DiMassi's Mediterranean Buffet Is Voluminous and Mostly Very Good

Despite the fact that DiMassi's Mediterranean Buffet has nine locations in Texas, five of which are in Houston, I have never once visited this establishment in my nearly a decade of living in the Lone Star State.  Buffet restaurants are hit or miss; absolutely amazing versions exist in Las Vegas and other tourist-centric metropolises, but those are certainly matched by terrifying places serving ethnically ambiguous cuisine guaranteed to send you running to the loo six hours post repast.

DiMassi's is neither; however, its reasonable prices, diversity of options and relatively quality ingredients push it toward the "absolutely amazing" end of the spectrum. 

The selection of cold salads and warm vegetable sides is wonderful. Standouts include the rich, creamy eggplant redolent of molasses and olive oil; the piquant fatoosh; and the roasted cauliflower. Pair these with some hummus and pita bread and you will easily have a satisfying supper. So doing may be better for your cholesterol levels but will unfortunately cause you to miss out on DiMassi's most decadent features, such as the deep-fried kibbeh, mini football-shaped masses stuffed with ground beef and bulgur wheat, and the sumptuous lamb shank. Note: Although unlimited(!) lamb shanks are available with the buffet, you have to ring the bell to summon someone from the kitchen to bring you one. My guess is this measure was put in place when some greedy food writer child loaded her plate with several only to find her eyes were bigger than her stomach.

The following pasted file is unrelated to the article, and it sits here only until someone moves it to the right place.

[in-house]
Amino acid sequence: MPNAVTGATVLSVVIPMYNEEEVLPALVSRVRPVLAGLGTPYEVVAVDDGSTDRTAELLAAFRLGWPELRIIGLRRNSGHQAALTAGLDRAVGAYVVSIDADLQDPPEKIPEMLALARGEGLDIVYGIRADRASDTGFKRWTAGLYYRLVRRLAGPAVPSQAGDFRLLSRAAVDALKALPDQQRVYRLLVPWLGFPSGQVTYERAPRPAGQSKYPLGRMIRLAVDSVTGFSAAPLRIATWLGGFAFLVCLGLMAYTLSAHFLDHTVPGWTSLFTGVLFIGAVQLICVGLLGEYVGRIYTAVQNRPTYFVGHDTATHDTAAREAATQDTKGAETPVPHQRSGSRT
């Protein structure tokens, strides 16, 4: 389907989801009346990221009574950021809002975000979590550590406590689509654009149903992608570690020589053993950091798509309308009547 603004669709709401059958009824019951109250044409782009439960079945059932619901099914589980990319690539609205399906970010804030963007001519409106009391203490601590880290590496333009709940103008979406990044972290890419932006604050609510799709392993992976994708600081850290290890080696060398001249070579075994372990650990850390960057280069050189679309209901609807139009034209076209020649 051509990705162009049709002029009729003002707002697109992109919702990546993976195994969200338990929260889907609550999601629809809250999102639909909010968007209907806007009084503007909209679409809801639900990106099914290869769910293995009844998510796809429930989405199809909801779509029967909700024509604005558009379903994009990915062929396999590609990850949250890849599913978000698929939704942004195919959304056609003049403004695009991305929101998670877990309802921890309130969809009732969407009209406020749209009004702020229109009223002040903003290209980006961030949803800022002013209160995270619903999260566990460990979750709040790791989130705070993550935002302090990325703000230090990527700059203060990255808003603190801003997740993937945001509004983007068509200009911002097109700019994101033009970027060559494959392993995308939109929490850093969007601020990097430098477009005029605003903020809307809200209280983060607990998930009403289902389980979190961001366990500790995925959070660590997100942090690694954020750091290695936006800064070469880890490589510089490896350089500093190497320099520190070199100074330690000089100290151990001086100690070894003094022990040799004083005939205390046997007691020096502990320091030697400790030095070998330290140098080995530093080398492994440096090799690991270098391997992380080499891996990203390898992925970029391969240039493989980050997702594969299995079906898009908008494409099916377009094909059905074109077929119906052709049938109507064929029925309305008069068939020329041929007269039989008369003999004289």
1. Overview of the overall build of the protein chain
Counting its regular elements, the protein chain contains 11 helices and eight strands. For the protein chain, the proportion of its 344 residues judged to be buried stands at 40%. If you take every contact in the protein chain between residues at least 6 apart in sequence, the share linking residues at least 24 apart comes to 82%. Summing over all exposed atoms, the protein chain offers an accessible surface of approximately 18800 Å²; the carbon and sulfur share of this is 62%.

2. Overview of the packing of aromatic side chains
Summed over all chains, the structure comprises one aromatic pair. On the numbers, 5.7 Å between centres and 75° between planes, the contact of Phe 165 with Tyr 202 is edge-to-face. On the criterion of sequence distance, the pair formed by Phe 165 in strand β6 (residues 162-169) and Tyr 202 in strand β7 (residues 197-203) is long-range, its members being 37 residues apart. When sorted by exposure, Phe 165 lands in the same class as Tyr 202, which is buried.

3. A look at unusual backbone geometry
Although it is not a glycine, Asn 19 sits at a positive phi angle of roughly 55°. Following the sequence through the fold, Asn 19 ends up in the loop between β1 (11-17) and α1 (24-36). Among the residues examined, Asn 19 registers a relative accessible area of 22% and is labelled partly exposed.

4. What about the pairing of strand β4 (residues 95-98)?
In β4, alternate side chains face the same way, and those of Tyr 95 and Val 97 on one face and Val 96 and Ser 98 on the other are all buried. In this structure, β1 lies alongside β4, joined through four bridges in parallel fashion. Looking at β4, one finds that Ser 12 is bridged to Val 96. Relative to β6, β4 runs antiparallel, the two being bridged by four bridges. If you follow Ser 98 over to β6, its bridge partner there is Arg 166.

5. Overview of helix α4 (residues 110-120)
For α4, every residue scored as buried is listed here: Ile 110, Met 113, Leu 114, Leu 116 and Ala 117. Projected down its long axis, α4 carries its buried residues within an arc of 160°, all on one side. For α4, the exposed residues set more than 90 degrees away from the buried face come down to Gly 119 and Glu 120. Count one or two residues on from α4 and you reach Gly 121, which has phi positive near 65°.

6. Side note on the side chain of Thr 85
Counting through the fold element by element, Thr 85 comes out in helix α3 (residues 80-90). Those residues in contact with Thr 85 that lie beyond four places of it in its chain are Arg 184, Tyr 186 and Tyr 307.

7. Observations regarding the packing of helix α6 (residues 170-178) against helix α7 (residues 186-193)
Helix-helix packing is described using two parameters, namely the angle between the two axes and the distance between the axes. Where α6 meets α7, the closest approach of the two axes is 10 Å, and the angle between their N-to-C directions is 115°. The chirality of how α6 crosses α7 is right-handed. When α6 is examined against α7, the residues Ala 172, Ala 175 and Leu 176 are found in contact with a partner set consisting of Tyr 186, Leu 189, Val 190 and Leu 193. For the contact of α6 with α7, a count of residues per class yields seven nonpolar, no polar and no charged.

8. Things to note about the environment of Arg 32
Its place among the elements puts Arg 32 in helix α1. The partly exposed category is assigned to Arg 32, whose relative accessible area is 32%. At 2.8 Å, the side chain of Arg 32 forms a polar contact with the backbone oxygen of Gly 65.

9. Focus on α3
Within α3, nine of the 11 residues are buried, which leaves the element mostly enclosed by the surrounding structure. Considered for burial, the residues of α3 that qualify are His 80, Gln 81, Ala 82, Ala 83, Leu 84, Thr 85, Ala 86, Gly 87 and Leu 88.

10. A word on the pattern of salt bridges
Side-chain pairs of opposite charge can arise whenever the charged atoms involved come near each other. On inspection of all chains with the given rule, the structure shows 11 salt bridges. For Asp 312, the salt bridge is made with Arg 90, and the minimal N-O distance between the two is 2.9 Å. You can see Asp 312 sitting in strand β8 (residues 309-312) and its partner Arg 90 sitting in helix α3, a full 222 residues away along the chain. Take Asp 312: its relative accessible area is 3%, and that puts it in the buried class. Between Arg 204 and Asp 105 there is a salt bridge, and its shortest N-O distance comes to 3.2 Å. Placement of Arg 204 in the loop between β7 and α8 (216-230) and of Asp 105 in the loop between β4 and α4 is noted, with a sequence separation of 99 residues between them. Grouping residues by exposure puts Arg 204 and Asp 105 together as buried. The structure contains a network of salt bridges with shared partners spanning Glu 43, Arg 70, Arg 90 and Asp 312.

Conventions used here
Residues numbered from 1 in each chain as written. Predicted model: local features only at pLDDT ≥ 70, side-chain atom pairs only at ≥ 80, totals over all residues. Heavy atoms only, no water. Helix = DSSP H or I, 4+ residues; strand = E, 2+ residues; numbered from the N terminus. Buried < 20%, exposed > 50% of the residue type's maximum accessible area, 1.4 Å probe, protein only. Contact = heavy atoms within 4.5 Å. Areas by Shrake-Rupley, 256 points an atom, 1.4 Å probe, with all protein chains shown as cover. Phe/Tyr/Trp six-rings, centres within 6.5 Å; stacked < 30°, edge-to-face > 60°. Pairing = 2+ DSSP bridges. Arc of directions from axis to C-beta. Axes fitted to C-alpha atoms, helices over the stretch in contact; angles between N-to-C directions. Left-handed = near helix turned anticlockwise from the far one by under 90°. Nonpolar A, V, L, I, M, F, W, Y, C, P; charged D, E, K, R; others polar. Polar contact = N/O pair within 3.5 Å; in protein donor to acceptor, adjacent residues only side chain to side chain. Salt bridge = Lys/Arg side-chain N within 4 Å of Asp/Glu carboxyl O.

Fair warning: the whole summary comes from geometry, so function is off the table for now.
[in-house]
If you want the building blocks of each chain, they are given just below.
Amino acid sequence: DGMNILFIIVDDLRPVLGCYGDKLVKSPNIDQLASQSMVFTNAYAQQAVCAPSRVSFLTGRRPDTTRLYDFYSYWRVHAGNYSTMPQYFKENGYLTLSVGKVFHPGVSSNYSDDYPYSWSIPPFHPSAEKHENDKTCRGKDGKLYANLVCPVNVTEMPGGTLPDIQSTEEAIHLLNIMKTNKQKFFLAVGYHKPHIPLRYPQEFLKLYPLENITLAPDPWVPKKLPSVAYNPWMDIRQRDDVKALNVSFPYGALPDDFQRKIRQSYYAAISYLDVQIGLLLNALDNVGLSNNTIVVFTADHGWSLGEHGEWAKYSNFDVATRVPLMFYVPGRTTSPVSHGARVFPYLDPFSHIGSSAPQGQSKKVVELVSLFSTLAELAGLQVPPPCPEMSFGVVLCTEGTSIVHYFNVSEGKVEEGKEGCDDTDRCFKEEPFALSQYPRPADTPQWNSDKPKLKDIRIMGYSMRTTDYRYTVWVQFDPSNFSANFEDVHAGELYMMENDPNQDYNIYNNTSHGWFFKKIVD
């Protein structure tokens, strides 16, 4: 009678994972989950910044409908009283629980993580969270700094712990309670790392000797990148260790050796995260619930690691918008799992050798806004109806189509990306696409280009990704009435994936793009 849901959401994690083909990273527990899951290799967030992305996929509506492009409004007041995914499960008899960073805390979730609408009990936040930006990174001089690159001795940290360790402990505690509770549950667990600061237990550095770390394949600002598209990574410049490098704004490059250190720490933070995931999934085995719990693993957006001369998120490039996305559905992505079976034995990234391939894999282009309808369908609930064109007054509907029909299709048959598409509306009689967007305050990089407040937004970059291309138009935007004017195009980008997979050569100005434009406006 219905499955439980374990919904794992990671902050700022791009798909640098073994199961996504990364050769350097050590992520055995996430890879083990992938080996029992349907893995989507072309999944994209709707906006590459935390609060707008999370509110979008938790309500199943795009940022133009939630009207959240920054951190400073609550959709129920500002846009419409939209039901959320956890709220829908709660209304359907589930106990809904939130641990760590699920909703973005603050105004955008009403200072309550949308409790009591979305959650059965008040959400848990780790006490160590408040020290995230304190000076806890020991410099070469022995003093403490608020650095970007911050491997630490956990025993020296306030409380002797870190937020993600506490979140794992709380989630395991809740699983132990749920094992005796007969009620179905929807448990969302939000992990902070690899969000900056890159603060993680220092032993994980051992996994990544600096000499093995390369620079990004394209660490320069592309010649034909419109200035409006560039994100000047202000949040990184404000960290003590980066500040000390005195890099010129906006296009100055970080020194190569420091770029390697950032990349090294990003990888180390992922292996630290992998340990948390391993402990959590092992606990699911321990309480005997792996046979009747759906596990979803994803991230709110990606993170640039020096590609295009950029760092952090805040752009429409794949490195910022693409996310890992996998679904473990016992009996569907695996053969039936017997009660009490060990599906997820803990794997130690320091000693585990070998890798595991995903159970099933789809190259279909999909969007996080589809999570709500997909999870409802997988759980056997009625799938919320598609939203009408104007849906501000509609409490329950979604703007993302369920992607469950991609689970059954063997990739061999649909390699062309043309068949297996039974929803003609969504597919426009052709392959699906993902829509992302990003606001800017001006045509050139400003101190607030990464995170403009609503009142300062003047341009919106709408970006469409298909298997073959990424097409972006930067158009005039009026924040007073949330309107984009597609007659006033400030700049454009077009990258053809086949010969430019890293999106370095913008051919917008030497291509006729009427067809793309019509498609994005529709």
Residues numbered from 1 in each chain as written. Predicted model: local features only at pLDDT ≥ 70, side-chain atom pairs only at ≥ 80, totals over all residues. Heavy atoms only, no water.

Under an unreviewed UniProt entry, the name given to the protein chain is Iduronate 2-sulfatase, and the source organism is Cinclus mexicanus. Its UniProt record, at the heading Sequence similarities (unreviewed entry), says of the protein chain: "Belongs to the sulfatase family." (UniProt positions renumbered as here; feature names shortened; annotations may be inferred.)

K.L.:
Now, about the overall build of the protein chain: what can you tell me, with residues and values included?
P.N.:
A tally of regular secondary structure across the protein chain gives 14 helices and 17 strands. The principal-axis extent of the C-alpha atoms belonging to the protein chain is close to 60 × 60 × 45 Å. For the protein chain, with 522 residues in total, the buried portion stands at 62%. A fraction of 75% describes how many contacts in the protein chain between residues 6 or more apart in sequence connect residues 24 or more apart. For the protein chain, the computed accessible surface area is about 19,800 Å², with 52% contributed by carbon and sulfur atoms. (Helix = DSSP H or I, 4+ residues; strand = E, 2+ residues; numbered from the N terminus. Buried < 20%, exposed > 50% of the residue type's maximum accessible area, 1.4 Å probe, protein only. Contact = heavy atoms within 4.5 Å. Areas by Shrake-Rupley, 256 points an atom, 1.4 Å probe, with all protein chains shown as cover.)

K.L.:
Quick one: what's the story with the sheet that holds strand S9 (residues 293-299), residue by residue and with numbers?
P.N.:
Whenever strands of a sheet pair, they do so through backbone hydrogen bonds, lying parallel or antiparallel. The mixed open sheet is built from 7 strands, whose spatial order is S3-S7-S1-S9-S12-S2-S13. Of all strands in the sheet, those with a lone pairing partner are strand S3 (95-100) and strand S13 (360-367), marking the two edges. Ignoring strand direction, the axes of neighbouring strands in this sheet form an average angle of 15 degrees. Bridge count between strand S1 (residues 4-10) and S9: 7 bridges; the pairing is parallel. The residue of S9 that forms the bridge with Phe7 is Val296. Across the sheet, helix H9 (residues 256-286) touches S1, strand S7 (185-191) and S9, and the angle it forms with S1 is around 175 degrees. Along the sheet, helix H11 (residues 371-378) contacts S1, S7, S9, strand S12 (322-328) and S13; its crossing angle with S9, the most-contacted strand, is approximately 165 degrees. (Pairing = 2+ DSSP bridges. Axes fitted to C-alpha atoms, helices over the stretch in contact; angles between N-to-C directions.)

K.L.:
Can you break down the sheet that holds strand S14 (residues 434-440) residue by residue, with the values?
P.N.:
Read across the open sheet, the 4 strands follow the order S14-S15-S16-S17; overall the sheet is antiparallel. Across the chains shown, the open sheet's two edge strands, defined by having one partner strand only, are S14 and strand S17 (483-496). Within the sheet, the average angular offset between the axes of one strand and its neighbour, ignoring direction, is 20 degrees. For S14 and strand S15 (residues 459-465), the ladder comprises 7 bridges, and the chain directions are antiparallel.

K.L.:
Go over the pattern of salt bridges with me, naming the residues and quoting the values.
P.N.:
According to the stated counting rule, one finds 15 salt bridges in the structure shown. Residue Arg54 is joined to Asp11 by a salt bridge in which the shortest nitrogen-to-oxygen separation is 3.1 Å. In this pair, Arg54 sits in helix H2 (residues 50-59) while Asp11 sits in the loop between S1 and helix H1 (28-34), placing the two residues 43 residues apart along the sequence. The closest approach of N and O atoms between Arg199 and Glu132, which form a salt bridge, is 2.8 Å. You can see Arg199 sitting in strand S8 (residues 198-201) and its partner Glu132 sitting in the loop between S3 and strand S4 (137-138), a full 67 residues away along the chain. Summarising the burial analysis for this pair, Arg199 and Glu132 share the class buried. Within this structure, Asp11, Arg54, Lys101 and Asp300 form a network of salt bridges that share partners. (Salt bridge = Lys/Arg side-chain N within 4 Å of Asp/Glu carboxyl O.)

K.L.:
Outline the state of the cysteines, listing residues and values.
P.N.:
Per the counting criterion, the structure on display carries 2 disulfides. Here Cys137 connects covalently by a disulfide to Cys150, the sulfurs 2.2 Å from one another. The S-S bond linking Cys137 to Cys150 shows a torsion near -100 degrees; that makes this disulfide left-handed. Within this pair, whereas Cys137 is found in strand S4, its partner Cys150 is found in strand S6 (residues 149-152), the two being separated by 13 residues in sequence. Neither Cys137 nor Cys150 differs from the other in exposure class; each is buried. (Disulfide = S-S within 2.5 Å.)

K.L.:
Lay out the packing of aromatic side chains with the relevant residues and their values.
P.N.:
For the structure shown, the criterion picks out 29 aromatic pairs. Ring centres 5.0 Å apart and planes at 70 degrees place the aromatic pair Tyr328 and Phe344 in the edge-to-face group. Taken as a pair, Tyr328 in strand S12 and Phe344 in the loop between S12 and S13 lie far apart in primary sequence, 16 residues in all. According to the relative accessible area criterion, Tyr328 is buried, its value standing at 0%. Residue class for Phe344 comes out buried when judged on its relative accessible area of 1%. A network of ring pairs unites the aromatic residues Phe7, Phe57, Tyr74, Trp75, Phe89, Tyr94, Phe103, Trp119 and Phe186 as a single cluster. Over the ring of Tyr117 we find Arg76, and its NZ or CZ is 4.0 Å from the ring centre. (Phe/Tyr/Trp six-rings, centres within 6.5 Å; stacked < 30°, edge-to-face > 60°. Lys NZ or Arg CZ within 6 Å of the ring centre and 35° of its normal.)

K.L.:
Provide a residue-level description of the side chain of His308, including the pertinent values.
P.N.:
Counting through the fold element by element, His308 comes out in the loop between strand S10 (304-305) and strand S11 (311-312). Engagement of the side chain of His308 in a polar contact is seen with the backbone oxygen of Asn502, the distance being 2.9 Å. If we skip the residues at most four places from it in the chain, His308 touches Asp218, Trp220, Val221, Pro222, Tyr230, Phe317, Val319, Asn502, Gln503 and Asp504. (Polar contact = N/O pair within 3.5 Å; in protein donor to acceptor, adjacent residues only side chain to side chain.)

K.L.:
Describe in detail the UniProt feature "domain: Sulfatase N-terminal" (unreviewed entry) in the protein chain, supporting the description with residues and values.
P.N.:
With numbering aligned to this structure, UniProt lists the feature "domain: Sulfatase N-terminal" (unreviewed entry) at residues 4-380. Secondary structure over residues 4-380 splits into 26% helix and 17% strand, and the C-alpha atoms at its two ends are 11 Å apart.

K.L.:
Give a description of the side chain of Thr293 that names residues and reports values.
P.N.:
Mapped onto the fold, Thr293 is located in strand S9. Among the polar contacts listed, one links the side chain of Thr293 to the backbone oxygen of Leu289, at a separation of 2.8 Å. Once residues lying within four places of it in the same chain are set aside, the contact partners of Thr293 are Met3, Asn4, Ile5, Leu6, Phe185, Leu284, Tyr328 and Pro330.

As with most buffets, some entrées are definitely outliers with regards to the ostensible culinary theme. At DiMassi's, there's the crispy, admittedly delicious fried chicken that I suspect is outsourced and the penne pasta (hat tip to Italy?). 

If you're in too much of a hurry to dine in, most DiMassi's locations will allow you to fill out takeout boxes with buffet items and then charge you by the pound.  This option is most welcome, but remember to separate your hot and cold options to prevent strange temperature swaps (e.g., hot hummus and cool lamb shanks).

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